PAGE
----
Millennials have it bad, financially speaking.
They’re bearing the weight of record-high student debt, struggling to buy homes, facing soaring living costs, and are now staring down their second recession.
Consequently, the net worth of Americans aged 18 to 35 has decreased by 34% since 1996, a 2019 Deloitte study found. Millennials’ average net worth of less than $8,000 makes them “dramatically financially worse off” than older generations.
A report by think tank New America and a paper by the Brookings Institution, both released in 2019, seconded a dismal generational wealth gap: Millennials are earning 20% less than baby boomers did at their age and median household wealth was roughly 25% lower for those ages 20 to 35 in 2016 than it was for the same age group in 2007.
But what’s often glossed over in the conversation about the generational wealth gap is race — and Black millennials are faring worst of all.
“Like all millennials, Black millennials have to deal with a host of economic challenges,” writes Reniqua Allen, a Black writer, for The New Republic. “But though Black millennials have much in common with their white peers, there are important distinctions.”
She continued: “In almost all areas of life, the deck is stacked even higher against us, in part due to historical discrimination and in part because of inequities unique to the millennial era.”
Millennials are more racially and ethnically diverse than previous generations. That Black Americans are paid less — and thus have less money to build wealth — might partially explain why millennials are so financially behind compared to previous generations.
The median white millennial household earns $60,800 annually and has a net worth of $35,200, per St. Louis Fed data. The median Black millennial household only earns $37,300 annually, with a net worth of $17,000.
Those differences begin with a socioeconomic divide that places Black millennials at a lower rung on the mobility ladder early on. Minority households have typically accumulated less wealth than whites in the past, a gulf that has grown between Blacks and whites over time.
There’s also a marked difference in dynastic wealth between races. White millennials are more likely to receive financial help from their parents, propelling social mobility. For Black Americans, sociologist Tom Shapiro tells Mel Jones of The Atlantic, it’s often the opposite: Black parents expect their children to provide financial support later on in life.
Black Americans are five times less likely to receive an inheritance than white Americans, Jones reported, citing the Institute on Assets and Social Policy. Even when Black Americans do get an inheritance, white Americans received ten times as much.
Black millennials take on more student debt
Education is seen as a path to upward mobility. But when Black Americans attend college to close the socioeconomic gap, they still end up saddled with more student debt than their white peers.
Black students are more likely to need to take on debt to afford school — 86.6% of Black students borrow federal loans to attend four-year colleges, compared to 59.9% of white students, according to Student Loan Hero.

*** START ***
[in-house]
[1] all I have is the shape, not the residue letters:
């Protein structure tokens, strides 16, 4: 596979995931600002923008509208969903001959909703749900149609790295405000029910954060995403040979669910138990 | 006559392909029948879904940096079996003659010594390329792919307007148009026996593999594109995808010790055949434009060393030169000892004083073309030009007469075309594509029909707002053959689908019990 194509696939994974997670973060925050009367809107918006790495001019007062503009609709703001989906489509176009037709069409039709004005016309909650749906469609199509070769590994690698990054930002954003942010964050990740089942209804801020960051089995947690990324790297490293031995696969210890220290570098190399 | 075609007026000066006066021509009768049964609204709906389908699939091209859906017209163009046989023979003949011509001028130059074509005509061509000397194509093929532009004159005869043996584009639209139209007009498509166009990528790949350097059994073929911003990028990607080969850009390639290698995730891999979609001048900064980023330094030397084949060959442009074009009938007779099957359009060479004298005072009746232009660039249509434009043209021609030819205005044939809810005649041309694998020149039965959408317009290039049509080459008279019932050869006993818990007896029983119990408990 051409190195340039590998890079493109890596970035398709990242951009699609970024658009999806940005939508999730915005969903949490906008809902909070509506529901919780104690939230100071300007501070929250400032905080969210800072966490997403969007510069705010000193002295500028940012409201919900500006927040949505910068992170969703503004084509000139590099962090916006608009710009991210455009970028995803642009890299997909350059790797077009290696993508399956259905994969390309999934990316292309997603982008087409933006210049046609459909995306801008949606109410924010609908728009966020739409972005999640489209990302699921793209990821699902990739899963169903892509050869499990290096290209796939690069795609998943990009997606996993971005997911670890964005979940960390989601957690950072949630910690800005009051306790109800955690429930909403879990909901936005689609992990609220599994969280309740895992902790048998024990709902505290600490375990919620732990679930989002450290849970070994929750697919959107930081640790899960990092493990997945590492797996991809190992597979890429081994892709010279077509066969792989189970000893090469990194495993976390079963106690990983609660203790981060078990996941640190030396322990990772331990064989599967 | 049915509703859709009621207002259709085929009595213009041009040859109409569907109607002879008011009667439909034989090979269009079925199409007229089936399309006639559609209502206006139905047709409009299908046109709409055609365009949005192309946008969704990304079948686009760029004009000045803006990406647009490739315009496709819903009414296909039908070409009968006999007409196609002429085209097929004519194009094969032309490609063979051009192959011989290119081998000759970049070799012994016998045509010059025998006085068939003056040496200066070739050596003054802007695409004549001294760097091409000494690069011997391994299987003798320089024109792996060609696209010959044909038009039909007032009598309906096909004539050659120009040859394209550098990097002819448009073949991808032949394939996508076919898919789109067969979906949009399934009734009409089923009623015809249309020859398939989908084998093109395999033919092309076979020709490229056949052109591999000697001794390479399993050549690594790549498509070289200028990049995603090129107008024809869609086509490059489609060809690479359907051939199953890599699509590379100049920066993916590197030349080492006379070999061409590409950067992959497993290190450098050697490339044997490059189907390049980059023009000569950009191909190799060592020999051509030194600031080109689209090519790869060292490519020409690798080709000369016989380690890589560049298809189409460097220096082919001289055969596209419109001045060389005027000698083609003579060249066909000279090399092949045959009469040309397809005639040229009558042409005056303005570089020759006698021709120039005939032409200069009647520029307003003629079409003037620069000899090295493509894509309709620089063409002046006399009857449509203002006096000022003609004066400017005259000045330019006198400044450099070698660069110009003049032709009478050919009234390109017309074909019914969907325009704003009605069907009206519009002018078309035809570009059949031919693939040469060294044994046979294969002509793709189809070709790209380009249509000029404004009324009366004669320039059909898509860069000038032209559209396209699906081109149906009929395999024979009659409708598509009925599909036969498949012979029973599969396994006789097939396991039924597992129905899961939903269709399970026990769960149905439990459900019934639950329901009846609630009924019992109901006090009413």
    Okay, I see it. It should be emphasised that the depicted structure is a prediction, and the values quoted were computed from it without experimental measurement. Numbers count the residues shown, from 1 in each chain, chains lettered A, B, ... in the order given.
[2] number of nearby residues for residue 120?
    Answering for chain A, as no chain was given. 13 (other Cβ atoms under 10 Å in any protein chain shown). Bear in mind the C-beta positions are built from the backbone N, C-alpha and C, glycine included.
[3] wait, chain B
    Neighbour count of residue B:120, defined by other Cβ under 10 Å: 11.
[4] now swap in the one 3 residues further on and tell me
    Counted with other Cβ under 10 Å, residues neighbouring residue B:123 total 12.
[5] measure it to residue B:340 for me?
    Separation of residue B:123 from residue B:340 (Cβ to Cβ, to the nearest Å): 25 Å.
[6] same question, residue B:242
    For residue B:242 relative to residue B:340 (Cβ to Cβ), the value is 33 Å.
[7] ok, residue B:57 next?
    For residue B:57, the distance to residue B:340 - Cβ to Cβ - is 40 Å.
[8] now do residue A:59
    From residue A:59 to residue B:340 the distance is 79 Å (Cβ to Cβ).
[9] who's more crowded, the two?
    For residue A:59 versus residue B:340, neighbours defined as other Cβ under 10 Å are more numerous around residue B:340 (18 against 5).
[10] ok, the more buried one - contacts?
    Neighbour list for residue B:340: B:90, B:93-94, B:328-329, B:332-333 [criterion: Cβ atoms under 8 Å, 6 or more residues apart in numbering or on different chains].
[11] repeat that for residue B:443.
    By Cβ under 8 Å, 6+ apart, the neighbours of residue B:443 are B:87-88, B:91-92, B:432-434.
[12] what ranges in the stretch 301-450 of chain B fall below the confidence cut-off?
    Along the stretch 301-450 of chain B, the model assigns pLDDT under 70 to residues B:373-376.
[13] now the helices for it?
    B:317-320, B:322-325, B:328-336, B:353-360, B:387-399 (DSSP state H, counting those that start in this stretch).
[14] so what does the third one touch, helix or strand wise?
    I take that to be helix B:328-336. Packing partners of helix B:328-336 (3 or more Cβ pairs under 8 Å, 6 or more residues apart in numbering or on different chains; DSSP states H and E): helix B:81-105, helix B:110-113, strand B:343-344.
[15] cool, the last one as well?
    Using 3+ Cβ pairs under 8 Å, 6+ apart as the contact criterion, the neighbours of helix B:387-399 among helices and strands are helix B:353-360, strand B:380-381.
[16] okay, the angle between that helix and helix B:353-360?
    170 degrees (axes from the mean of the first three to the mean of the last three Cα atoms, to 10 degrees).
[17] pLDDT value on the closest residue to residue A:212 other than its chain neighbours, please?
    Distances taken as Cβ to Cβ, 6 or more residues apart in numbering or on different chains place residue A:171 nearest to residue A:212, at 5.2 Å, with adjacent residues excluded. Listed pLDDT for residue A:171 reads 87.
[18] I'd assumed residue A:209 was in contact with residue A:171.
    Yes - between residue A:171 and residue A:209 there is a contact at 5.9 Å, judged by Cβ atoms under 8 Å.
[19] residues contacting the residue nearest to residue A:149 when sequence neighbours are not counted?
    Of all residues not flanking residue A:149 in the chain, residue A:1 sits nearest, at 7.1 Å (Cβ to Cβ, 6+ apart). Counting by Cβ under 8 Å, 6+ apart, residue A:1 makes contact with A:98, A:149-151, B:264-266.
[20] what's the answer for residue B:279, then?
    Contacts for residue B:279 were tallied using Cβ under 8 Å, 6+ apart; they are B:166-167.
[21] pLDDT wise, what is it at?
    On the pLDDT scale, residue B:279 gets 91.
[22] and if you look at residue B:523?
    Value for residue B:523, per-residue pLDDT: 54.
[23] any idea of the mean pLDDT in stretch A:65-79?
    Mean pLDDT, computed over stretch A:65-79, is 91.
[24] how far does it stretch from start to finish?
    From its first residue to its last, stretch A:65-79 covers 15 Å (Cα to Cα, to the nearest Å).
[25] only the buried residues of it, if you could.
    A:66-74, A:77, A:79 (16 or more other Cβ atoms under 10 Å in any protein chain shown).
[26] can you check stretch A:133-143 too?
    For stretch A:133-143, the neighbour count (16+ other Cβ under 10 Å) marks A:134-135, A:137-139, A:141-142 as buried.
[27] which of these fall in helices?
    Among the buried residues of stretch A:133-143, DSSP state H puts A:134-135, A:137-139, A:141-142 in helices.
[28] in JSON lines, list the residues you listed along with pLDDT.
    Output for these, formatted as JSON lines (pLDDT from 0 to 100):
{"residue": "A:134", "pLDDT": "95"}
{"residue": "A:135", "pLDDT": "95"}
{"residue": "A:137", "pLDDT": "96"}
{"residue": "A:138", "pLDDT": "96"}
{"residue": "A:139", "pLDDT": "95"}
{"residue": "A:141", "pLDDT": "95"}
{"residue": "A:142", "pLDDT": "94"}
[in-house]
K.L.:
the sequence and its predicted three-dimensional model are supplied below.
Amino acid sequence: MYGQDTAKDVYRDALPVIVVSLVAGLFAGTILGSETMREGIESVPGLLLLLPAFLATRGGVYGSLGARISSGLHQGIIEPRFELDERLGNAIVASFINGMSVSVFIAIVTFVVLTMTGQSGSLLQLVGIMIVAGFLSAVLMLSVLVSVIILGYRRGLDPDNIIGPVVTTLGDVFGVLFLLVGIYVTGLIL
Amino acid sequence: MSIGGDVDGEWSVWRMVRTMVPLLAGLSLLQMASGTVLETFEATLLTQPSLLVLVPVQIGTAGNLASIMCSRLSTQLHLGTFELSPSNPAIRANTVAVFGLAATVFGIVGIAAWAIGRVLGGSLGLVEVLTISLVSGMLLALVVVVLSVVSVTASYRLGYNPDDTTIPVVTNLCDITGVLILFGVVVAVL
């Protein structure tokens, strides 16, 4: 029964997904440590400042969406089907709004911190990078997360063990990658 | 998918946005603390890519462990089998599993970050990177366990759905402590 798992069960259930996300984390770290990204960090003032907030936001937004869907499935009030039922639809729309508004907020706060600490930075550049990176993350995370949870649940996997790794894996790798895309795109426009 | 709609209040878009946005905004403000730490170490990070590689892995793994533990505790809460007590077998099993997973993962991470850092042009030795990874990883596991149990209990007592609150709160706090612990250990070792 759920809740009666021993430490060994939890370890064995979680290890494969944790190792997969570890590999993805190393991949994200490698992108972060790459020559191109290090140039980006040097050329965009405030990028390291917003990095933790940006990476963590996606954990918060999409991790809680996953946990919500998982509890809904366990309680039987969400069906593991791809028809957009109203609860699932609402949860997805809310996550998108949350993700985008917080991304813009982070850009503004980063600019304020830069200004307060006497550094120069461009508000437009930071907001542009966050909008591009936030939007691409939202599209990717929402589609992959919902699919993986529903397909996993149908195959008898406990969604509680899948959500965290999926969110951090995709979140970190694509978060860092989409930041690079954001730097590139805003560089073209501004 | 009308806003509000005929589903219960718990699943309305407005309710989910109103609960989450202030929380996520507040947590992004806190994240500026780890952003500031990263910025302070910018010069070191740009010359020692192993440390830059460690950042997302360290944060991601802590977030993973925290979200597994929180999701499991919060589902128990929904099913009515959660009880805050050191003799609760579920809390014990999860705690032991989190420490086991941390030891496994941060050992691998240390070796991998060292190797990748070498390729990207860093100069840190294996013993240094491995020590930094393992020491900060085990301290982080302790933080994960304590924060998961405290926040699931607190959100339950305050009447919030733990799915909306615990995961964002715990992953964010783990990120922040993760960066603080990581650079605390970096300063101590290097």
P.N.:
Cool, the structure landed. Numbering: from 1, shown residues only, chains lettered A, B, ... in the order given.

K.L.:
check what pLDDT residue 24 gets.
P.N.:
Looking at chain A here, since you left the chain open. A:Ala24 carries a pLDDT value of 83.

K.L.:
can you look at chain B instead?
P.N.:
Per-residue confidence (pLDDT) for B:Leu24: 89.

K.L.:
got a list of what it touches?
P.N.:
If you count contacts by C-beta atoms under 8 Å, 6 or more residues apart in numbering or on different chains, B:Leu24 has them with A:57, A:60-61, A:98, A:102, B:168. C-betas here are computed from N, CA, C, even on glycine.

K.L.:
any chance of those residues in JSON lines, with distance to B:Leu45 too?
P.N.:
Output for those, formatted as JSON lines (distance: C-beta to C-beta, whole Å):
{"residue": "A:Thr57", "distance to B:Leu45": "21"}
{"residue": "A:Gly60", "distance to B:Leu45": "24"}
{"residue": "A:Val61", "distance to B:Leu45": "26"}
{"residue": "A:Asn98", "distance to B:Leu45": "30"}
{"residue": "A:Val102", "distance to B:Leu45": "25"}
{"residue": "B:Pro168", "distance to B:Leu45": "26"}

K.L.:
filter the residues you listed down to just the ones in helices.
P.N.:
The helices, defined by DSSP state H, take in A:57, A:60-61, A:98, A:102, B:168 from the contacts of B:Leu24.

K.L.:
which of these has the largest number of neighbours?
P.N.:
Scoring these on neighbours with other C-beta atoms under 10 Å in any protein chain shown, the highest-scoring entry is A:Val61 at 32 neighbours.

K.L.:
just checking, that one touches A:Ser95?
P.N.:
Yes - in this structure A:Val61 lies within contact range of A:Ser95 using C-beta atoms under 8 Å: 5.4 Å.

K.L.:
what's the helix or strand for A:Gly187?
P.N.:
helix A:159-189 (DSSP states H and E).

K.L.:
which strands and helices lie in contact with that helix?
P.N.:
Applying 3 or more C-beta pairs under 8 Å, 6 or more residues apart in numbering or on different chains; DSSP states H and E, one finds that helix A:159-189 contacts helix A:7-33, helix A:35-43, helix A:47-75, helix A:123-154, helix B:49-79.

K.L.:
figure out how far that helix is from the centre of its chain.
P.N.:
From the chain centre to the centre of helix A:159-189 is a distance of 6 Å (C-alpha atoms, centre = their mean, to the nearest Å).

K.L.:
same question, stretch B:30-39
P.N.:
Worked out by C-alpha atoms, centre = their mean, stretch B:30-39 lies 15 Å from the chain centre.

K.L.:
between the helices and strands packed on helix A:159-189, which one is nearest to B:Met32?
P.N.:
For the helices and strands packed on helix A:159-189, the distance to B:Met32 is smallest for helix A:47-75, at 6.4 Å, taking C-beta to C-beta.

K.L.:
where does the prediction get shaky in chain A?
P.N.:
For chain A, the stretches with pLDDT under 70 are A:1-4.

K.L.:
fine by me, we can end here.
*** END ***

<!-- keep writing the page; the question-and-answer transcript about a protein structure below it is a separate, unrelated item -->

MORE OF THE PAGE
Black students with bachelor’s degrees owe $7,400 more student debt on average upon graduation than white grads. The gap widens over time: After four years, Black grads hold $53,000 in debt — almost twice as much in student debt as their white counterparts.
And post-graduation, they have a harder time finding a job: Black graduates are twice as likely as all other graduates to be unemployed, according to a 2014 survey of Black graduates between the ages of 22 and 27
Even if they do find a job, there’s still an economic gap. Cathy Cohen, political science professor at the University of Chicago and author of a report called “Gen Forward” said in a Marketplace Morning Report podcast that Black millennials — and Hispanic millennials — are less likely to receive employer benefits such as health care, dental care, or retirement matches.
It’s no wonder Black millennial households are earning so much less than white millennial households — and it might explain why Black graduates are also nearly five times more likely to default on their loans than their white peers.
Systemic racism has created the racial millennial wealth gap
This racial millennial wealth gap is a product of the systemic racism that has plagued America for the past 400 years. Limited opportunities and economic inequalities for Black Americans have made it difficult for them to progress financially.
Such racial disparities came to a head in 2020, starting with the pandemic. Black Americans are at highest-risk for the virus because they’ve lacked supportive economic infrastructure, such as health care. And Black millennials in particular were among the minority groups financially hit hardest by job loss when the pandemic first began.
Addressing the struggles of the Black millennial — and Black Americans in general — begins with tackling the root of the problem: racism. And solving racism begins with dismantling America’s persistent economic inequality, Ford Foundation president Darren Walker said in Time Magazine’s TIME 100 Talks series.
“We are going to have to recognize that equity demands that we prioritize the needs and aspirations of those communities who have historically been left out,” he said.
Some billionaire philanthropists have pledged solidarity on social media or donated to anti-racist organizations, reported Business Insider’s Taylor Rogers. But Evan Spiegel, who pledged to donate part of his $4.1 billion fortune to anti-racist organizations, said philanthropy needs to be accompanied by policy change.
“Private philanthropy can patch holes, or accelerate progress, but it alone cannot cross the deep and wide chasm of injustice,” Spiegel wrote. “We must cross that chasm together as a united nation. United in the striving for freedom, equality, and justice for all.”